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Daring D.C. Restaurant Revives Stunning French Cooking Technique

Bresca’s ”duck press” service is available while supplies last

A spin on the traditional canard à la rouennaise is now hitting diners’ plates at Bresca.
Rey Lopez/Under a Bushel Photography
Tierney Plumb is the editor of Eater DC, covering all things food and drink around the nation's capital.

Critically acclaimed newcomer Bresca is going old school for its latest act, turning to a 19th-century serving technique to wow diners in its modern dining room.

The award-winning restaurant has followed through on its mission to incorporate a vintage duck press into its dinner service. The historic contraption doing all the work — along with chef Ryan Ratino, who taught himself how to operate it — was invented in 19th-century Paris. The starring dish is prepared with a metal device dubbed canard à la rouennaise (or, “duck in blood sauce”). At Bresca, up to four ducks per night will be sent through a large crank and a wheel that compacts the featured birds. Juices are then strained, turned into a thick sauce, and poured over the end product. Ratino dresses up the production by taking care of everything tableside on a rolling cart pushed up right next to adventurous diners.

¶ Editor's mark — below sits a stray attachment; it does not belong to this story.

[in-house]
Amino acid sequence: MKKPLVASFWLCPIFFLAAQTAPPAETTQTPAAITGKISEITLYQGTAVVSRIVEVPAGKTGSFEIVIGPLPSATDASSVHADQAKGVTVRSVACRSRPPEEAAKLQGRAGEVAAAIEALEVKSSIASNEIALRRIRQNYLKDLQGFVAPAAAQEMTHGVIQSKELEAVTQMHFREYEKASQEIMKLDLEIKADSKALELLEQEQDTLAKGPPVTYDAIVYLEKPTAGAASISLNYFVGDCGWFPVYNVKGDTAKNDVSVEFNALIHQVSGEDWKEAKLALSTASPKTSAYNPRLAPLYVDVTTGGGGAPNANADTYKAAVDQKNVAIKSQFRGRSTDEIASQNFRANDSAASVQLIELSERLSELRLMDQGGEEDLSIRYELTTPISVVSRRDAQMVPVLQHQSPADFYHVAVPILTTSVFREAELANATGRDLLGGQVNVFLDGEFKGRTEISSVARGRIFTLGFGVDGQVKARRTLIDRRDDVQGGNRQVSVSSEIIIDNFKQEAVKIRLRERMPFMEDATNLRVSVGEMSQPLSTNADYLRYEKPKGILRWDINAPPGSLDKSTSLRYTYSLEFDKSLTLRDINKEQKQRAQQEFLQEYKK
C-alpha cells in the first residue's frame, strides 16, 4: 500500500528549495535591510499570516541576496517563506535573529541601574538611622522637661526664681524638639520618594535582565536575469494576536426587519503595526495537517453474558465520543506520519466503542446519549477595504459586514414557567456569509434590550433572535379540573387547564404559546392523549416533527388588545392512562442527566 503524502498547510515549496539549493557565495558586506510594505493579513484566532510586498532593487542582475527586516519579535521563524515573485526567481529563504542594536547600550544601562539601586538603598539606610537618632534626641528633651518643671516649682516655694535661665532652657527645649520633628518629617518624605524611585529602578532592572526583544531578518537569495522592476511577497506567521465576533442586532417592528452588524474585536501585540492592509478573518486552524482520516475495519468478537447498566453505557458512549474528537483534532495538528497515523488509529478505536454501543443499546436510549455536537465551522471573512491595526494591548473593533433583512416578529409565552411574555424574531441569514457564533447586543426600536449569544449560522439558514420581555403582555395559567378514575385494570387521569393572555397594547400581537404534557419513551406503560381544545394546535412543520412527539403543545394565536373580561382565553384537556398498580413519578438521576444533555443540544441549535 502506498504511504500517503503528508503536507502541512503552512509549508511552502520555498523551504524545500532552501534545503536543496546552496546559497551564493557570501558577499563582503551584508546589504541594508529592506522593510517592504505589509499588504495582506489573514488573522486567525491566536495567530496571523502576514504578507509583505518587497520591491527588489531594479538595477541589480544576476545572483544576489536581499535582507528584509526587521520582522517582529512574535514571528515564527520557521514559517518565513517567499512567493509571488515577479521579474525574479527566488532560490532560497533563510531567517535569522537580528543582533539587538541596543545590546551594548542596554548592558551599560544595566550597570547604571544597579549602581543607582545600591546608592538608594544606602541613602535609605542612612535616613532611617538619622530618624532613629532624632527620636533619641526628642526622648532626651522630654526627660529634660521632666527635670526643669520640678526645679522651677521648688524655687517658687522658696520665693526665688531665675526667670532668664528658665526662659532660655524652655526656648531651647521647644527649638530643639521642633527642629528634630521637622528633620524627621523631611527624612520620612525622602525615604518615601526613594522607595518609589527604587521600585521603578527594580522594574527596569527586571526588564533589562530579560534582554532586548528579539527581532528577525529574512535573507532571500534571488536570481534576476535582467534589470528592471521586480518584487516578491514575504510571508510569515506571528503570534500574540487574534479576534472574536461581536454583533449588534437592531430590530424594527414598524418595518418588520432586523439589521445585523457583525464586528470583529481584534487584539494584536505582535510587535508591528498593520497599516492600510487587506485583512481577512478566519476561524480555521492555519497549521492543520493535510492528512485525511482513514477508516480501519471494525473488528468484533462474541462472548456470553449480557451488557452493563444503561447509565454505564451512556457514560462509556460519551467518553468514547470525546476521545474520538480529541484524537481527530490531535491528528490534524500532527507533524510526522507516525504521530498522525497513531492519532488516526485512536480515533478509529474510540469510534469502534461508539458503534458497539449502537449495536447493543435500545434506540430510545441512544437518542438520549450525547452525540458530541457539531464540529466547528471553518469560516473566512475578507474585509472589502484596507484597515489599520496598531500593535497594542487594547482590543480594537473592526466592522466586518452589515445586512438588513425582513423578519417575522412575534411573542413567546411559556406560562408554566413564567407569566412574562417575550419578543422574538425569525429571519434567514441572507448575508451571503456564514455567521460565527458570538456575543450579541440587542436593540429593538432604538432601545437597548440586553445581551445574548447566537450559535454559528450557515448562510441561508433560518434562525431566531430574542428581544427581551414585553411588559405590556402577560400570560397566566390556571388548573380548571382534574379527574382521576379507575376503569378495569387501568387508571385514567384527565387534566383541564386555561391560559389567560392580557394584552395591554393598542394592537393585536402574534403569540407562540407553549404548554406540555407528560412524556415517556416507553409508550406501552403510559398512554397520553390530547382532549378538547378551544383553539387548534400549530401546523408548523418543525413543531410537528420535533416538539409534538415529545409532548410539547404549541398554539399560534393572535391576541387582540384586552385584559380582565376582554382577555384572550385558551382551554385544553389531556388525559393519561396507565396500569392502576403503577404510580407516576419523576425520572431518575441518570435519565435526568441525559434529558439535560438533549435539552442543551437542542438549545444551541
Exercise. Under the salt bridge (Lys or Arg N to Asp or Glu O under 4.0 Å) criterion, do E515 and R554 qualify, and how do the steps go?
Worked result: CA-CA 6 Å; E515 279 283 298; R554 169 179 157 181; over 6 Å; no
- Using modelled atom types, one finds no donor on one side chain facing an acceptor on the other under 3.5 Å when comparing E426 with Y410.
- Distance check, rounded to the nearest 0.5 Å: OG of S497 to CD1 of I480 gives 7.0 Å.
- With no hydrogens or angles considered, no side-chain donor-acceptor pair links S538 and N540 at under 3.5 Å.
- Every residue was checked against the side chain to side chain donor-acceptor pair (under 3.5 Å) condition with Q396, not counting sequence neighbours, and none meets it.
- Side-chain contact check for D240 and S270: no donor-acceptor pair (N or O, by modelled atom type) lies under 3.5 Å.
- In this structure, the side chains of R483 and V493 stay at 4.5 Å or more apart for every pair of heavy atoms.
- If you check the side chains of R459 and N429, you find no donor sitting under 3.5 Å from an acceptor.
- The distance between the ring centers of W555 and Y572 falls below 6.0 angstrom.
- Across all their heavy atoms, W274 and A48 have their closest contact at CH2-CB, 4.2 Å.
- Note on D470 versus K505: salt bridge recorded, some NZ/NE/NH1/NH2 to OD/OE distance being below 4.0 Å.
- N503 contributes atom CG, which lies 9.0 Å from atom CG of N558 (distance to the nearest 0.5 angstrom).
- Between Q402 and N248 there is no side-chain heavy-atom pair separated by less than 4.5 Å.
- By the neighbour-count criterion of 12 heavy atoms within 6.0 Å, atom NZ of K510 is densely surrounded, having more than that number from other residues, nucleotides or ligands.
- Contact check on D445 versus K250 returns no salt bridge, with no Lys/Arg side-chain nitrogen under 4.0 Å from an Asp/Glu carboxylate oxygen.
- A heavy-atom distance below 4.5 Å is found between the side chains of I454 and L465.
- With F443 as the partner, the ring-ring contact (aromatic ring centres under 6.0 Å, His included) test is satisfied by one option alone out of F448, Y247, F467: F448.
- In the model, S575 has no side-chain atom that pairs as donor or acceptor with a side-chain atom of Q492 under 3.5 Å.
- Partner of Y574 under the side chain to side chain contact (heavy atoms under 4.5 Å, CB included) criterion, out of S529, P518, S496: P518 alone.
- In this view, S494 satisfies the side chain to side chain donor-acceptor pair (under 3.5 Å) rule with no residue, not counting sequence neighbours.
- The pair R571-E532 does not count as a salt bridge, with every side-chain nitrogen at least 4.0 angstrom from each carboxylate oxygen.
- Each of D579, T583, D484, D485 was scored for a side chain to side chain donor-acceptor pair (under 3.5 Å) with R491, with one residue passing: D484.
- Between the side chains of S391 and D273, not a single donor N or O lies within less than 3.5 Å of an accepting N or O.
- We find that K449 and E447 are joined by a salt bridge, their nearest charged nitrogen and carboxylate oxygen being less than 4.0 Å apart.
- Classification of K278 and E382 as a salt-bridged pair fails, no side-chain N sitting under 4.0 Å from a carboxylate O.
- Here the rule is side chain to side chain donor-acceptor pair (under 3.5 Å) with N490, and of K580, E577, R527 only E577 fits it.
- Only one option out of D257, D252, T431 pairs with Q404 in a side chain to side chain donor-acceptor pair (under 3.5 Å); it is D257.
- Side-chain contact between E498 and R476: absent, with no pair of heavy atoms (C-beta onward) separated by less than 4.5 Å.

The intensive production — a rarity for a D.C. restaurant — is available on a first-come, first-serve basis and costs around $125 for a gourmet meal for two to four. Accompaniments include charred wild onion and wild onion pistou, grilled and glazed rainier; foie gras can be tacked on for an additional $40.

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